An unusual but not unique feature of the Irish education system is the fact that the State subsidises private fee-paying secondary schools. There is now some prospect that this may change after the next election, if Sinn Féin enters government and delivers on its promise to phase out the subvention.
As a matter of principle, the party’s policy has merit. Parents have a constitutional right to decide what education is most appropriate for their children. But, given that all children are guaranteed access to a place in free education, there is no compelling moral or strategic justification for the annual subsidy of over €100 million which the State currently provides to schools whose gates are shut to the many students whose parents are unable to pay fees which on average amount to several thousand euro per annum.
Data shows students from these schools perform disproportionately well in gaining access to third level courses with the highest points requirements. Other research suggests this academic success may be less attributable to the schools themselves than it is to the personal profile and socio-economic background of the students. It is hard to deny that these schools play a part in maintaining advantage from one generation to the next and in building social networks that last into adulthood, often with significant professional benefits. Fee-paying schools, many of them clustered in more affluent parts of the country, help to entrench existing class divisions and act as a drag on social mobility. It is understandable why this would be attractive to some parents. It is less clear why it should be supported financially by the State, which is committed, rhetorically at least, to an education system that is equitable and open to all.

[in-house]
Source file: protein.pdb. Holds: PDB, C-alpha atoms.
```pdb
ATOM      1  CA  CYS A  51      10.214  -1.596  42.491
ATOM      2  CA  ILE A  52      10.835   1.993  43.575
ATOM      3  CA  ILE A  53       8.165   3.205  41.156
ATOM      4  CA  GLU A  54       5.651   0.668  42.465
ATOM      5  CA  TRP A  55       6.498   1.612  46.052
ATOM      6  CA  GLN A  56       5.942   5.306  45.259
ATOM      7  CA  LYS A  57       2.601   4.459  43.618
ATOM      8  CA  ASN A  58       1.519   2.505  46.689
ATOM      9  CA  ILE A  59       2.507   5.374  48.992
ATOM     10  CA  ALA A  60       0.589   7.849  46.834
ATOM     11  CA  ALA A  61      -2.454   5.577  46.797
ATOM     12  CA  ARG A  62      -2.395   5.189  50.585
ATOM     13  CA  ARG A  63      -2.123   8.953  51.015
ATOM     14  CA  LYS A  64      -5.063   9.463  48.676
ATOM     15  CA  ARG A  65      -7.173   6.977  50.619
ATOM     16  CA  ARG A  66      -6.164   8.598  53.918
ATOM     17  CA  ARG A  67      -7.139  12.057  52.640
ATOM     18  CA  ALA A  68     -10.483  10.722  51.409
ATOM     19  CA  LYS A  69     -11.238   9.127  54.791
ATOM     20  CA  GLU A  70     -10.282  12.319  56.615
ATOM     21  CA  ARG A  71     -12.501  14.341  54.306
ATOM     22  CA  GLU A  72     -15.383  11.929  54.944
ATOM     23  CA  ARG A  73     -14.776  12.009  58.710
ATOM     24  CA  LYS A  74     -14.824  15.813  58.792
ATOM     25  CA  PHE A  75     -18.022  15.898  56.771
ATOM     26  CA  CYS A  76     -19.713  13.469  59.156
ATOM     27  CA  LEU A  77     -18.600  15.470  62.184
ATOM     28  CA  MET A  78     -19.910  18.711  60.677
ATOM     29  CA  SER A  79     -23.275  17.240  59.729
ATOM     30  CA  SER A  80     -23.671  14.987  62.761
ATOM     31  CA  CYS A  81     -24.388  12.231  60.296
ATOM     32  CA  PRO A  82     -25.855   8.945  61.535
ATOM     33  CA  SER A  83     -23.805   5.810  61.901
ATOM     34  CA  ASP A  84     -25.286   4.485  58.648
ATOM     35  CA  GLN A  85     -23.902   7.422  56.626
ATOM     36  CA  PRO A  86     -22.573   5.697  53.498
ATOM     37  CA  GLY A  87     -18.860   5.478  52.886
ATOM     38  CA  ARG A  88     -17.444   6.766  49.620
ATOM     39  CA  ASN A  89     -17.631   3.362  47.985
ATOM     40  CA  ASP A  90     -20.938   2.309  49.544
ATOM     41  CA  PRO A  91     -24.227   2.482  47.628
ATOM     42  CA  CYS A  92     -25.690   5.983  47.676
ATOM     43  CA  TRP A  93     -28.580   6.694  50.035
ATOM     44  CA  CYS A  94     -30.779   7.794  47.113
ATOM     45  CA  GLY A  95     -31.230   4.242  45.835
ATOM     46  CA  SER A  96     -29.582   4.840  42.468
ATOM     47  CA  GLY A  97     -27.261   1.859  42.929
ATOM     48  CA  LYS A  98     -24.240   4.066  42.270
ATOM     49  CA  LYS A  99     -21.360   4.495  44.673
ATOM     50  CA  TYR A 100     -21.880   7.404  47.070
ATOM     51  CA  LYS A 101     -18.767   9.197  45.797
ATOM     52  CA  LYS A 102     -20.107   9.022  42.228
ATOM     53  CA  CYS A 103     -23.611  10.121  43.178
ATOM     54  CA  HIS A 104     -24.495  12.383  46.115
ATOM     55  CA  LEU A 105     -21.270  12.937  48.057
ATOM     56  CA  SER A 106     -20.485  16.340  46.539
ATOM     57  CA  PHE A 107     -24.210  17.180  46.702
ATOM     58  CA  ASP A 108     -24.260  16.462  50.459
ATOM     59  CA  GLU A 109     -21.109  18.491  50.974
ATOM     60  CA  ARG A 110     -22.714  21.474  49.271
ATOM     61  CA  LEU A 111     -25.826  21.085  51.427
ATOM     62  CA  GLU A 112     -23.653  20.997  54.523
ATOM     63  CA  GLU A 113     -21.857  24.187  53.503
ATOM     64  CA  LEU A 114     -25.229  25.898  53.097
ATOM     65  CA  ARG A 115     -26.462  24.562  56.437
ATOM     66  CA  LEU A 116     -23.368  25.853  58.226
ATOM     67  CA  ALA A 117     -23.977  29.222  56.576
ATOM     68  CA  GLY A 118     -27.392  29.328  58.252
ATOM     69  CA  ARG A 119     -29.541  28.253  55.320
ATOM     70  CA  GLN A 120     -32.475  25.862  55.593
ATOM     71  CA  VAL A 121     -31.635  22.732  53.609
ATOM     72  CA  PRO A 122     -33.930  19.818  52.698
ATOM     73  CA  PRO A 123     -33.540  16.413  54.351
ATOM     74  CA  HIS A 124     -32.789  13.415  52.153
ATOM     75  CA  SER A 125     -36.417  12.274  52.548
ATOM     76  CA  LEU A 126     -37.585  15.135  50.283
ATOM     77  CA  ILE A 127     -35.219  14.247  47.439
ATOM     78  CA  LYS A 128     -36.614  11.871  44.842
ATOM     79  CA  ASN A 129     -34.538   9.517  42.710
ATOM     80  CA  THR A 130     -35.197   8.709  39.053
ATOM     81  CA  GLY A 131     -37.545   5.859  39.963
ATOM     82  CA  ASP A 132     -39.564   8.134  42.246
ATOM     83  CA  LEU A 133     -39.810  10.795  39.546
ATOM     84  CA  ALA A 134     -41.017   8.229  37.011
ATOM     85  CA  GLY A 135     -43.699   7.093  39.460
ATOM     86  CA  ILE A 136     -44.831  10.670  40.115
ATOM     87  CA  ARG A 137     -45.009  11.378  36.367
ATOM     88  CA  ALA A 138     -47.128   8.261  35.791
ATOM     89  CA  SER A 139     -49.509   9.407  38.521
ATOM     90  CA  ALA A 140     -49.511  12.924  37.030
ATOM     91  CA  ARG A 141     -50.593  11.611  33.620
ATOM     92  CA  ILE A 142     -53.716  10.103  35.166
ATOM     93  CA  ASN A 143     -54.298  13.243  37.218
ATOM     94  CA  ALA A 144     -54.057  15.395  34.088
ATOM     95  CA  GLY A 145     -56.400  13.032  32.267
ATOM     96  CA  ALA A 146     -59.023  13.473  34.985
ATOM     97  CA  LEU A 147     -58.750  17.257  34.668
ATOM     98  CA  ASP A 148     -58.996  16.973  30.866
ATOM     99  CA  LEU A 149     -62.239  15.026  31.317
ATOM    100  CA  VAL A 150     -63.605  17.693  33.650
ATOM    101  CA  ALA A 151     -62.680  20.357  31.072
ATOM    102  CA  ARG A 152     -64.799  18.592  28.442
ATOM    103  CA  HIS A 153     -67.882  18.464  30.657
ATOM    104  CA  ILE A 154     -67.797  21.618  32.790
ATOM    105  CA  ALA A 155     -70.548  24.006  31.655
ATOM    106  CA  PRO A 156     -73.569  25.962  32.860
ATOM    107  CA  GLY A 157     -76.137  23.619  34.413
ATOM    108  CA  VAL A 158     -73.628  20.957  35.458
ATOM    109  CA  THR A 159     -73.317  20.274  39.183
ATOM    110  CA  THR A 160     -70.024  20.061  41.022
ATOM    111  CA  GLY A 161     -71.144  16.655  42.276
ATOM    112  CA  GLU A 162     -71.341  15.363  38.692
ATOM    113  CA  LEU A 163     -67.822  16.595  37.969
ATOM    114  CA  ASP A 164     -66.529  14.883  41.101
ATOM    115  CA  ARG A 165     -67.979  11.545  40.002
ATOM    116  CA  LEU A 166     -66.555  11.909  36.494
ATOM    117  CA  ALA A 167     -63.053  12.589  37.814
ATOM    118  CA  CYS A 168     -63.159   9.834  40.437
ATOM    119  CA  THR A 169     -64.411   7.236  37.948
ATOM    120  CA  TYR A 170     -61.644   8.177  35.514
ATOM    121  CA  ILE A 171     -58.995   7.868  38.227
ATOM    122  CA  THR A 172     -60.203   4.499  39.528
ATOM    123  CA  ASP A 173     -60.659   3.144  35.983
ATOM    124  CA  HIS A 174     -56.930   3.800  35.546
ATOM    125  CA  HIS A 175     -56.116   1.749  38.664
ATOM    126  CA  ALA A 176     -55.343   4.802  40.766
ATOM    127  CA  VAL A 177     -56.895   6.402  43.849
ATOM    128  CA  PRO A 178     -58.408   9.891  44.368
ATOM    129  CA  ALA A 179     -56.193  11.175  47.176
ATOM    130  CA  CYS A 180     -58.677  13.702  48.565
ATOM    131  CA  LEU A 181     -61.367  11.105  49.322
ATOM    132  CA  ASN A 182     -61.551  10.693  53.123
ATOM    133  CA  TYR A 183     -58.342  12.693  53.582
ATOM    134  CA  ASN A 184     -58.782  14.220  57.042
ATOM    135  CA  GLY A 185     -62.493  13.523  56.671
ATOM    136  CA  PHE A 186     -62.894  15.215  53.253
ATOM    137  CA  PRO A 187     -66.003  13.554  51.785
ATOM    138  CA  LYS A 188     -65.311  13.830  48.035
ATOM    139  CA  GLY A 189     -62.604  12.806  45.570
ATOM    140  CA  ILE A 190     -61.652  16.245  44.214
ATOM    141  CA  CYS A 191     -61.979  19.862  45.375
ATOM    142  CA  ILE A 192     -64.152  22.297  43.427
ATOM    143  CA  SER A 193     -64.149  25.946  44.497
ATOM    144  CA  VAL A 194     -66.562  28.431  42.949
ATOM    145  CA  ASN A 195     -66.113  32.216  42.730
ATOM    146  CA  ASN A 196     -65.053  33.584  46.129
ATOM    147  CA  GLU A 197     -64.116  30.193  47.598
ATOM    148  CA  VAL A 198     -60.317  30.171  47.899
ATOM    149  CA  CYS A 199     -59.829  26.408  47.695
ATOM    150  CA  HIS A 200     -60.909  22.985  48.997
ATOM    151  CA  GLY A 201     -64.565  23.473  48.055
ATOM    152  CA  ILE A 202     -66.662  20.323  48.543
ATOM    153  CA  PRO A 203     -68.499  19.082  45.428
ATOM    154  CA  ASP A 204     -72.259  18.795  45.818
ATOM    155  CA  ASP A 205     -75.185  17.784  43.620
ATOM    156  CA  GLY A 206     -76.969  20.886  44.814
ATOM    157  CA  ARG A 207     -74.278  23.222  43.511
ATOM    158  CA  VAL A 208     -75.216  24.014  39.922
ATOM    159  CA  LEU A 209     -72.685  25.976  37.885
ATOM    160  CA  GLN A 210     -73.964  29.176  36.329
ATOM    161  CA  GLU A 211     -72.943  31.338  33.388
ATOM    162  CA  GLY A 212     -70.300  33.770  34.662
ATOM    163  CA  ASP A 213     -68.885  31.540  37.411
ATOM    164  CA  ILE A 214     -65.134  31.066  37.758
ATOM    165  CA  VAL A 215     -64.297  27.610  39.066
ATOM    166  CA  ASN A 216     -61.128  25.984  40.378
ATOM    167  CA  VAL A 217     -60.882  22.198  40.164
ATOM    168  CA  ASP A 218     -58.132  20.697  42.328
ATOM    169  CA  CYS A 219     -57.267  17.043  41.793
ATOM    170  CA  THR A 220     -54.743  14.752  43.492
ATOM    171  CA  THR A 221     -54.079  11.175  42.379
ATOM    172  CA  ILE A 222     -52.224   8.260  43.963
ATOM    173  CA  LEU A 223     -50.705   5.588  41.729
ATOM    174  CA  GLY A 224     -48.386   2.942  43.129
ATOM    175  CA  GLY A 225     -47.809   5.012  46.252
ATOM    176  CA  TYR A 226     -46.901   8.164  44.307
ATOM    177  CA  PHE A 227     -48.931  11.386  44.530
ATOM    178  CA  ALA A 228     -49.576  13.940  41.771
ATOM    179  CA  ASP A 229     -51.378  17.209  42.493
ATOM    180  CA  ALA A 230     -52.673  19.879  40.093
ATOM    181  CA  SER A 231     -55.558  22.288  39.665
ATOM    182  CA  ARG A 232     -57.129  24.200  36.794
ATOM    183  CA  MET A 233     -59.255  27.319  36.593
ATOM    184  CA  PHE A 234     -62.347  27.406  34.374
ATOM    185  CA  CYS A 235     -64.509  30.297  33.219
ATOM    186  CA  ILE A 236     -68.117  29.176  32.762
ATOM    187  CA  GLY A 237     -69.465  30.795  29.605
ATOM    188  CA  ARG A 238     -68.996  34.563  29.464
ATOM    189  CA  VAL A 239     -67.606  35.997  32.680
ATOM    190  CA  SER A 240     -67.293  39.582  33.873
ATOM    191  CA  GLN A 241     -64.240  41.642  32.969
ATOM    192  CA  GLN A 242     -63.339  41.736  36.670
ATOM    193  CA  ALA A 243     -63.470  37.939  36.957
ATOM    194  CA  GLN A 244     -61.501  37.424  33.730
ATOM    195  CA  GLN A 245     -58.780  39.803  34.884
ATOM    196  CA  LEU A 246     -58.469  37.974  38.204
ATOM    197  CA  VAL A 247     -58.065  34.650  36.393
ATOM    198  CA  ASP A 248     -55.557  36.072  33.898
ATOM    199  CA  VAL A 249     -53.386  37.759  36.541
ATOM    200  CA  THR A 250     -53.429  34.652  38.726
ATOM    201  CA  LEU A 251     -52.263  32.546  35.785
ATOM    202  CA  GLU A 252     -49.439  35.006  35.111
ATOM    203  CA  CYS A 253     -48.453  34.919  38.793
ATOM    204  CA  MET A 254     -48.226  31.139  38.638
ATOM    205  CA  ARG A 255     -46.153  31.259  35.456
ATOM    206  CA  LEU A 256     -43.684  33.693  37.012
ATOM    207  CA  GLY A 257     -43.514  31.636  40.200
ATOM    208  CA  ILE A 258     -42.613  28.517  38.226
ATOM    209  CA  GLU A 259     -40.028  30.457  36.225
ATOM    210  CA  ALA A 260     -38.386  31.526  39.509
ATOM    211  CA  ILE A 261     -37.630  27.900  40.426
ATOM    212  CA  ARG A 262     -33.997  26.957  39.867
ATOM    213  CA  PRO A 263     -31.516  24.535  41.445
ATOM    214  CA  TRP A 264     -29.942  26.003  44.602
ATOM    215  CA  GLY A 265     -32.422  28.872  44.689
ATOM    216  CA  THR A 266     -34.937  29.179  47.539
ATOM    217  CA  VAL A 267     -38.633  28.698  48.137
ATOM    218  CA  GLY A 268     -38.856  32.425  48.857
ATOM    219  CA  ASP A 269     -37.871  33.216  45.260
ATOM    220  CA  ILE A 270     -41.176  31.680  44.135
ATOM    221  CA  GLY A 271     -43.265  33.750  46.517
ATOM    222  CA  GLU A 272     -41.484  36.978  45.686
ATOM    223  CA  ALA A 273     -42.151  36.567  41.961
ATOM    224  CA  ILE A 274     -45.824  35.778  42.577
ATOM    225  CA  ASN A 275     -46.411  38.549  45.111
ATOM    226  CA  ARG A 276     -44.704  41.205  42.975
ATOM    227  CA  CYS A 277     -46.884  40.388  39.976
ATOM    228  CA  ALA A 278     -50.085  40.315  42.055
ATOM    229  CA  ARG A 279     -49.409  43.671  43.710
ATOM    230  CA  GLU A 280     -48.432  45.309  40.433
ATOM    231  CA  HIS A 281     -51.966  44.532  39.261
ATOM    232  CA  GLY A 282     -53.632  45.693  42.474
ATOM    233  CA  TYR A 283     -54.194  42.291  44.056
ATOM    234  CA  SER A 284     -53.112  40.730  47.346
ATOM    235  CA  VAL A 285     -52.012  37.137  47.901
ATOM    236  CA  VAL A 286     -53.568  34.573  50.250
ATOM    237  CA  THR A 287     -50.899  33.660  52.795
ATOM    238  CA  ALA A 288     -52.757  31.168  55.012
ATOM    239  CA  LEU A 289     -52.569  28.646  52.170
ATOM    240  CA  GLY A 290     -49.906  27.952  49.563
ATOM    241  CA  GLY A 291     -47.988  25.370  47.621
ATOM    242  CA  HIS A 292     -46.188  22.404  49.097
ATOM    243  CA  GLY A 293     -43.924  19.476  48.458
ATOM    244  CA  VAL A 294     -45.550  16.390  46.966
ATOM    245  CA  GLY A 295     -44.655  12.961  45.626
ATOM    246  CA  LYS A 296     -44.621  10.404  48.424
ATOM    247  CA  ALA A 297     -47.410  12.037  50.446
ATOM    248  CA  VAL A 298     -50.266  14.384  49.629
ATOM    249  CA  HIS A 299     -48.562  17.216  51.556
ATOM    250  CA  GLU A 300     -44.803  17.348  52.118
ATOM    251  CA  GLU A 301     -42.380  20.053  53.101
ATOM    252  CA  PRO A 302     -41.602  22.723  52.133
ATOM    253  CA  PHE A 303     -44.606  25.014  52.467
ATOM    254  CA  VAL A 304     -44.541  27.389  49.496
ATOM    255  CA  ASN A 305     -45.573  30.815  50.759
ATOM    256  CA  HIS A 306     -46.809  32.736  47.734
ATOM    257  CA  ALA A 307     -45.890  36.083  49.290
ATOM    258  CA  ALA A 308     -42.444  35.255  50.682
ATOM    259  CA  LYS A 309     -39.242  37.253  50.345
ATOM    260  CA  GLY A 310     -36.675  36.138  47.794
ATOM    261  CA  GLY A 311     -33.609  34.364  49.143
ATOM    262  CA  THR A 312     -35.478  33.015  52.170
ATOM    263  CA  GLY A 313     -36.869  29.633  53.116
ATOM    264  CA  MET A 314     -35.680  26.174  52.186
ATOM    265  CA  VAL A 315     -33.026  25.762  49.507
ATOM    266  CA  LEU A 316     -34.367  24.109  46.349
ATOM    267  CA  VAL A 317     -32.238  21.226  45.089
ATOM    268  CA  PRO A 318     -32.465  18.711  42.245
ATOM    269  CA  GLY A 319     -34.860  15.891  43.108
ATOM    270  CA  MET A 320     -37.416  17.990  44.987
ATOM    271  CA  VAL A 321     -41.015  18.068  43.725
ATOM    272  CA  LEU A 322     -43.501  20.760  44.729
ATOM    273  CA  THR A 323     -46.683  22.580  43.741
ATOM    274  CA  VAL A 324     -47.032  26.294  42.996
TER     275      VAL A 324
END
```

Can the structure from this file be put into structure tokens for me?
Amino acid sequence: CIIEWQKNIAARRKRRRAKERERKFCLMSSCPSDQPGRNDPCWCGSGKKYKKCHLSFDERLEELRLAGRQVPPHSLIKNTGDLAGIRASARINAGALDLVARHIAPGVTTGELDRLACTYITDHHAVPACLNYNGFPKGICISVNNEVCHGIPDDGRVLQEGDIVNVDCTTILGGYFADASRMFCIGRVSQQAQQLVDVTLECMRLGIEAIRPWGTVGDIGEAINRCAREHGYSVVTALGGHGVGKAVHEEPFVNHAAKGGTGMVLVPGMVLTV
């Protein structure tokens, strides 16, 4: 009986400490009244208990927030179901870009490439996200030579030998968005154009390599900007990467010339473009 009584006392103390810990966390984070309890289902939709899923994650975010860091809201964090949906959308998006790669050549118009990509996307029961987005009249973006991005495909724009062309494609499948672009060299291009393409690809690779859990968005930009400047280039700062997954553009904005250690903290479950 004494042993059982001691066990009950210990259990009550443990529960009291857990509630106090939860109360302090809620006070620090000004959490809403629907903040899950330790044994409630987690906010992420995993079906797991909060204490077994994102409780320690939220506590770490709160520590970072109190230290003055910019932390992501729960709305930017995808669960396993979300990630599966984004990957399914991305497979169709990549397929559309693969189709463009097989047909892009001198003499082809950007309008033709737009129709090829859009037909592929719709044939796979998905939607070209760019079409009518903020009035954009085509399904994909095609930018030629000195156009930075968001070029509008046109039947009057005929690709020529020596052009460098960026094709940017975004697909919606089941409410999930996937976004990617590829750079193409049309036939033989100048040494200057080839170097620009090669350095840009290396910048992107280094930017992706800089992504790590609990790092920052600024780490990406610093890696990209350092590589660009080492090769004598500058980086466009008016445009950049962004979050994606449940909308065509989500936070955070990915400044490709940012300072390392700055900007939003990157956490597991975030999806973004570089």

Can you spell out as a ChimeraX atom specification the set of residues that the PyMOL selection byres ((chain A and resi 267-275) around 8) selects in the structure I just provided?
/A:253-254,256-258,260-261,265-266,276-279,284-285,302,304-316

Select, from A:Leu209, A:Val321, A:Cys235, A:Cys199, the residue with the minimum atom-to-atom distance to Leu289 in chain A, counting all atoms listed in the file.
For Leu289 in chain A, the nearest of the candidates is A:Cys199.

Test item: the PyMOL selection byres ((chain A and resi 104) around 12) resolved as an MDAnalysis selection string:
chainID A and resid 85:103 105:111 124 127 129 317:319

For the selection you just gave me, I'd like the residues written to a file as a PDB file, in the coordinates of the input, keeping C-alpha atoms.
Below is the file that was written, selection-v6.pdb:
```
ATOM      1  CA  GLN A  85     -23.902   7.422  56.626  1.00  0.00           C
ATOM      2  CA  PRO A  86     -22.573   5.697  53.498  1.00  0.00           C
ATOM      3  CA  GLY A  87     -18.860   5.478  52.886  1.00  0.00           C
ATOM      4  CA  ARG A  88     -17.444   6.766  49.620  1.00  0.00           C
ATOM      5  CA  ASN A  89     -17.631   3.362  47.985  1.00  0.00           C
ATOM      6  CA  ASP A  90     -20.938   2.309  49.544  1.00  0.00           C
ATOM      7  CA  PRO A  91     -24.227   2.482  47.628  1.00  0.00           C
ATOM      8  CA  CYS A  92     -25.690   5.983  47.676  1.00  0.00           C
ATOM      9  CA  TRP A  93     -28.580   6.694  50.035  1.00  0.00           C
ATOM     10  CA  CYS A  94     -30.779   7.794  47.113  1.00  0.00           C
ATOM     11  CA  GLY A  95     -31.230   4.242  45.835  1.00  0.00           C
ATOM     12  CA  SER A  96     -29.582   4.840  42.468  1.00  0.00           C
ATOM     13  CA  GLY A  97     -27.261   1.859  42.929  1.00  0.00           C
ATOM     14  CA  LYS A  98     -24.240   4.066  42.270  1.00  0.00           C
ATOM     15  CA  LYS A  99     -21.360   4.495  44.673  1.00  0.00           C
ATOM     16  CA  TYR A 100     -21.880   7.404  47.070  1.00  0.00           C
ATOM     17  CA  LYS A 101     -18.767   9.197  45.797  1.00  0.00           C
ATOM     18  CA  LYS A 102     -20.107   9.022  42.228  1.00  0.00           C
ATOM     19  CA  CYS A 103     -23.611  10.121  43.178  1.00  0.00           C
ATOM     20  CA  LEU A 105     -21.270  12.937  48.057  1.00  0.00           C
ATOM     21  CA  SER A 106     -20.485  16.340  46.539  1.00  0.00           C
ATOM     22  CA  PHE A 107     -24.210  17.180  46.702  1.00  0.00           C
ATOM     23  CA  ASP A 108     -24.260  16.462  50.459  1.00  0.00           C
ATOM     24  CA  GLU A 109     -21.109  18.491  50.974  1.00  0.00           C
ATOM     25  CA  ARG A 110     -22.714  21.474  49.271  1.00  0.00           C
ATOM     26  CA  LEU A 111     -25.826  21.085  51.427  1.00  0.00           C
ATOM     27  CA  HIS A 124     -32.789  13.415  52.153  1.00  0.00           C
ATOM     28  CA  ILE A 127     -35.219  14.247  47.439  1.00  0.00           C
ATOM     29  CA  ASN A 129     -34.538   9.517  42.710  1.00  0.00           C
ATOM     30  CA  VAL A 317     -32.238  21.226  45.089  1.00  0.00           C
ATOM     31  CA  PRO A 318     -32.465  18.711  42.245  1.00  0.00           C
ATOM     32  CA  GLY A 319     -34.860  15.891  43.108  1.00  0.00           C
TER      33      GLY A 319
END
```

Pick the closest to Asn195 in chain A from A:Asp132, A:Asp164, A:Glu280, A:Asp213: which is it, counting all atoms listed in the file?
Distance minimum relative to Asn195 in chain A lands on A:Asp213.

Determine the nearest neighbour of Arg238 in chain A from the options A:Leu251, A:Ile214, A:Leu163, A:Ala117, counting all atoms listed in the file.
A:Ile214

Defenders of the current system argue that removing the subsidy would force schools to move into the non-fee-paying sector, thereby increasing the cost to the exchequer, since free schools receive larger capitation and capital grants. Others predict that the change would lead to the emergence of an even more elitist layer of private educational establishments, charging multiples of current fees, as is the case in the UK. Both outcomes are possible, and their implications should be discussed in full ahead of any policy change. So should the important role the subsidy has historically played in supporting the provision of education for boarding school students from minority faith backgrounds who cannot access it locally.
Inequality, educational attainment and geographical location are so tightly intertwined, in urban Ireland in particular, that any change to the current system is unlikely to radically alter the overall landscape for students. But it would be a positive assertion of what should be a core value in education policy and would broaden the possibilities for some at least.